*Today’s guest post comes from our partners at Ongage! Read on to learn how dynamic content increases user engagement and reduces conversion times.

Standing out in the Digital Crowd

Today, companies compete in the digital market space for consumer attention. One of the best ways to improve added value and enhance the customer experience is by tailoring campaigns to best fit customers’ personal preferences by incorporating parameters such as location, past engagement, behavior and more.

By providing potential customers with the precise information they are looking for, companies are able to shorten the time it takes to drive conversion from engagement and strengthen the customer’s connection to the brand for future purposes. This not only strengthens a brand’s position in the competitive marketplace, but it improves the brand loyalty customers have.

For email marketers looking to improve their position in the digital crowd, dynamic content integration is the most versatile way to personalize campaigns, improve the customer journey and increase campaign effectiveness.

What is Dynamic Content?

Dynamic content is content (web, ad, email, etc.) that is provided to an end user based on their personal preferences, past behavior, demographic, or firmographic data.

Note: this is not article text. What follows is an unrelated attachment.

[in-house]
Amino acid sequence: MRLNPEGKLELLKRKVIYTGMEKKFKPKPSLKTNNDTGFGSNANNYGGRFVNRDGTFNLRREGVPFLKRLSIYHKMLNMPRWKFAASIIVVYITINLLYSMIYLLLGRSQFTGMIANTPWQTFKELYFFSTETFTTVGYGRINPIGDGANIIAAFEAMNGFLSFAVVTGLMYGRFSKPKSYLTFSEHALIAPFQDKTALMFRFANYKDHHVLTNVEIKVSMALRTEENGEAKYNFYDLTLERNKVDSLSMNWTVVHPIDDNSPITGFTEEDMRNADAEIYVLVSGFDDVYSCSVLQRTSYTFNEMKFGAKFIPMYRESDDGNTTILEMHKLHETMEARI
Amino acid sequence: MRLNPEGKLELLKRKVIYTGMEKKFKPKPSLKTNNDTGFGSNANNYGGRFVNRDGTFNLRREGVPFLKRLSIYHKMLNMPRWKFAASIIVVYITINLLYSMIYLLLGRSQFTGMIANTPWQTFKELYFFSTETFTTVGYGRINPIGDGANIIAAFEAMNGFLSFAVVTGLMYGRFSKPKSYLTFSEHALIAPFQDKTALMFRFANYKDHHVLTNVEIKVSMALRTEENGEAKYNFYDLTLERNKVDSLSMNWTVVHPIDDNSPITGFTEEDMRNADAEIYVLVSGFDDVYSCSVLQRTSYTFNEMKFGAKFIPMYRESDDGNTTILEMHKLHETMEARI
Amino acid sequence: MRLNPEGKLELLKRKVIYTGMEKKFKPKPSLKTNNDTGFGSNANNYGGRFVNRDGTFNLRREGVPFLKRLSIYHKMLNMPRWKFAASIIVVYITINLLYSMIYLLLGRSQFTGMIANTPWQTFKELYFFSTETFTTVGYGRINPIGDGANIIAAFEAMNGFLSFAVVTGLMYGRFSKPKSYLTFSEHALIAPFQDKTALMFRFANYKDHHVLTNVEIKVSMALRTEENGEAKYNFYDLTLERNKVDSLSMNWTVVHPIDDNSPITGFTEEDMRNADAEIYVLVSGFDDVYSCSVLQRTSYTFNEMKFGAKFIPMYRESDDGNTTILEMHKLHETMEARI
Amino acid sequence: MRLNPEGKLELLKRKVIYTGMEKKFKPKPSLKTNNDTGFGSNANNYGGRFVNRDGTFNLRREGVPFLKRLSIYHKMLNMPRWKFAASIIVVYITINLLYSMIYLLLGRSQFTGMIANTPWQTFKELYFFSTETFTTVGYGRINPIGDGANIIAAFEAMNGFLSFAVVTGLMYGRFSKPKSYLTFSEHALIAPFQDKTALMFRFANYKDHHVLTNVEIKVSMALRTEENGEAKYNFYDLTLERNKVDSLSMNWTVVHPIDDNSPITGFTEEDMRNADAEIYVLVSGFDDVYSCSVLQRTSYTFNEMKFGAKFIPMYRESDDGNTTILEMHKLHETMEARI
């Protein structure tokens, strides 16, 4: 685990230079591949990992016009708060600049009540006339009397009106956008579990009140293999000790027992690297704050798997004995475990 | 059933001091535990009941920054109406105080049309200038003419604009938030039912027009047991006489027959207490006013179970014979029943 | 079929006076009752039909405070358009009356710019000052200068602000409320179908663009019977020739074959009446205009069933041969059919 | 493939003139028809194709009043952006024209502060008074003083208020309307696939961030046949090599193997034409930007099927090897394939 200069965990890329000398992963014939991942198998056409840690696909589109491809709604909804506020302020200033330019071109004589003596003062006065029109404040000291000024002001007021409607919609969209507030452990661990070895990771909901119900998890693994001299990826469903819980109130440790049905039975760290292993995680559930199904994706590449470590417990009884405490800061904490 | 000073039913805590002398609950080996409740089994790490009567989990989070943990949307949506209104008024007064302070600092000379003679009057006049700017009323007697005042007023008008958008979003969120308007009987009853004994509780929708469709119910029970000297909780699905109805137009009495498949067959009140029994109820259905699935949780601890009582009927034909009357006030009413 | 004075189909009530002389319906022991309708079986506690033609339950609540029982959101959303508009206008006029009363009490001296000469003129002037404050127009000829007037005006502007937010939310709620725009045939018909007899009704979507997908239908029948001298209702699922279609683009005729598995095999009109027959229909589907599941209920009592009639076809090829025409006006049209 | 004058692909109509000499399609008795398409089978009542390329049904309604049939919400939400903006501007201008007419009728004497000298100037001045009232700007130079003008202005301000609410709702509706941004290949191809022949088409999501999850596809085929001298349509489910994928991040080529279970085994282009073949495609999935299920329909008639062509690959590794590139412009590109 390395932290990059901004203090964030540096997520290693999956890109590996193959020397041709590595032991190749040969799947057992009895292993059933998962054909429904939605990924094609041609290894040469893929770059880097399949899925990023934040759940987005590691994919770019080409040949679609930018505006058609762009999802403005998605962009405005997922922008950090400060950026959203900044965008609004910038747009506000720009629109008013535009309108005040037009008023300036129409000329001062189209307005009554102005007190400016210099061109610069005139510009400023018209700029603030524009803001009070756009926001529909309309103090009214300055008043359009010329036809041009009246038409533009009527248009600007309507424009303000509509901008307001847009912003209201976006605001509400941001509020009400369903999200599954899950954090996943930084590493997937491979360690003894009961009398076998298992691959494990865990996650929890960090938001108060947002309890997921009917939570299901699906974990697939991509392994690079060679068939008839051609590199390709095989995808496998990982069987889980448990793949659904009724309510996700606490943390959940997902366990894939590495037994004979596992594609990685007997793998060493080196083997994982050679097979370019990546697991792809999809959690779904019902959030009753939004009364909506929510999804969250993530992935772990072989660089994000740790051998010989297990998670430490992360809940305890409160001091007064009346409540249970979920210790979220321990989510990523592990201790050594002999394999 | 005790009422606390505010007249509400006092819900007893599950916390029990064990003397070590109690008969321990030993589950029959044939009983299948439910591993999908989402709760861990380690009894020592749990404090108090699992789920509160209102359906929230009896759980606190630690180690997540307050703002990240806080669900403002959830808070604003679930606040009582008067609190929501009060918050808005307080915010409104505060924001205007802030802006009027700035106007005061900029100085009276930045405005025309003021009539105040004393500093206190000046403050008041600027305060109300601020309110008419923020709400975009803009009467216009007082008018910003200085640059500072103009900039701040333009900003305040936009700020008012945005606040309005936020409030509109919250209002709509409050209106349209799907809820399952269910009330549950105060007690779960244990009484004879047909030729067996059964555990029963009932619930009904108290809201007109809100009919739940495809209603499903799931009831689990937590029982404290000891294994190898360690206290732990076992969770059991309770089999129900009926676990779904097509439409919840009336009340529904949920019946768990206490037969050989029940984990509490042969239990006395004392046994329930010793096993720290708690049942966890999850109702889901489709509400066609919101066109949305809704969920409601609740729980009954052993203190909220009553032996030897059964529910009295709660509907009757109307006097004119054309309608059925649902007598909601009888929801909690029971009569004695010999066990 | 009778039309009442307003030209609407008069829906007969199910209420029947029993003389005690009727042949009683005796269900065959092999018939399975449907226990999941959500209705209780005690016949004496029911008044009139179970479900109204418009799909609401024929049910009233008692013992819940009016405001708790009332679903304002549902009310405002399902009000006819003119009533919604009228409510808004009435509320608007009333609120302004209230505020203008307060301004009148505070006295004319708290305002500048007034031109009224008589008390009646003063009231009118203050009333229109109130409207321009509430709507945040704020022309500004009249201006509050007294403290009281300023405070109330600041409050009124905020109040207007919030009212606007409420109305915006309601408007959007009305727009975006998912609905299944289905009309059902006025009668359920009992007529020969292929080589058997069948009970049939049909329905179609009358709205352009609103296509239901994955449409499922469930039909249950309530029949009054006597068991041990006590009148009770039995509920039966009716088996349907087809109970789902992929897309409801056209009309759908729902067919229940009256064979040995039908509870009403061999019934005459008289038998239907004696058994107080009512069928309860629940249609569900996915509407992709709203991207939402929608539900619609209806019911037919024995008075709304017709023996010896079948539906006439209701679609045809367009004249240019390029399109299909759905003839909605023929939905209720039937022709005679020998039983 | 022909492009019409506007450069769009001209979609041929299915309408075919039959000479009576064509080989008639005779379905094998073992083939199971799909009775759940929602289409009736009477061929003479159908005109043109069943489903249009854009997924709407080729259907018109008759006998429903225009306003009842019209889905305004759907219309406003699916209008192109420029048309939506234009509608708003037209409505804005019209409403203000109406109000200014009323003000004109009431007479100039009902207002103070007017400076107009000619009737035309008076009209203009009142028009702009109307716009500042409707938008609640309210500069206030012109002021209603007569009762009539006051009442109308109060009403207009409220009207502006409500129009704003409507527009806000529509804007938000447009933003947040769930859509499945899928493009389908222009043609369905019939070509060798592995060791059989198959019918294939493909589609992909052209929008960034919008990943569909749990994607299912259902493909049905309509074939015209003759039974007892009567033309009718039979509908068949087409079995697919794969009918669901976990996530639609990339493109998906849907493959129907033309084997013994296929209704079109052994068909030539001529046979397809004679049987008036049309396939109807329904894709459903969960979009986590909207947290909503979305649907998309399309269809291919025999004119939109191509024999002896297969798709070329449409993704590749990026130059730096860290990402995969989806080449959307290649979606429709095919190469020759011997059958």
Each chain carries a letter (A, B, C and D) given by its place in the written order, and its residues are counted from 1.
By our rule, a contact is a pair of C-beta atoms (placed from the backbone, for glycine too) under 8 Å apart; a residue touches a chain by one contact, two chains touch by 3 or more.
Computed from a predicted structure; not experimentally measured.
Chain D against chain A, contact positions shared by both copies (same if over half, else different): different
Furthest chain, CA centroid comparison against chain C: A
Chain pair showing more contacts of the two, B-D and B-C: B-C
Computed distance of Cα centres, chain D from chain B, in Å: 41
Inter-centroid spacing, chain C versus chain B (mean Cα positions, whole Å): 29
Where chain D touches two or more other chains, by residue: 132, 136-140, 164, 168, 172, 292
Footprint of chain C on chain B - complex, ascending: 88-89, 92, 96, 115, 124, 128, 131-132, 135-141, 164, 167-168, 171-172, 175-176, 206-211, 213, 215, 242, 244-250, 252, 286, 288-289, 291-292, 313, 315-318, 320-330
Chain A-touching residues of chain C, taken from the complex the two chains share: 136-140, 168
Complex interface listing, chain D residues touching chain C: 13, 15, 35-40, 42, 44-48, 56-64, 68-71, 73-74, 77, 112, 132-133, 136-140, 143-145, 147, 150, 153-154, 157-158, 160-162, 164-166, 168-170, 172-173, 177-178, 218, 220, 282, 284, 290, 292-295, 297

Beyond offering enhanced personalization and helping companies stand out digitally, integration of dynamic content reduces sales friction along the customer lifecycle, shortening conversion time and improving ROI.

Through integration of dynamic content from already collected information within a company’s database, campaign managers can improve their micro-segmentation capabilities and hyper-target potential clients with precise and curated content that is more likely to drive conversion.

For example, ecommerce sites can enhance campaign effectiveness by providing individuals who abandon their cart with a customized email campaign that takes the customer’s unique style, past shopping behavior and last viewed items into consideration. Travel sites, on the other hand, can tailor special offers based on a customer’s desired travel dates, locations and even accommodation preferences.

By providing customers with the information they want about the products or services they want, email marketing managers are able to have a stronger impact on the next steps in the customer journey their client undertakes, reducing friction, improving experience and increasing the possibility of conversion.

The impact dynamic content and micro-segmentation have on the effectiveness of campaigns is a critical part of the sales journey and one companies cannot forego.

By integrating dynamic content into email marketing campaigns, specifically in such competitive and preference-based industries as travel, retail, or career, companies are able to improve segmentation capabilities, increasing the chances of conversion, and strengthening the effectiveness of email marketing campaigns overall.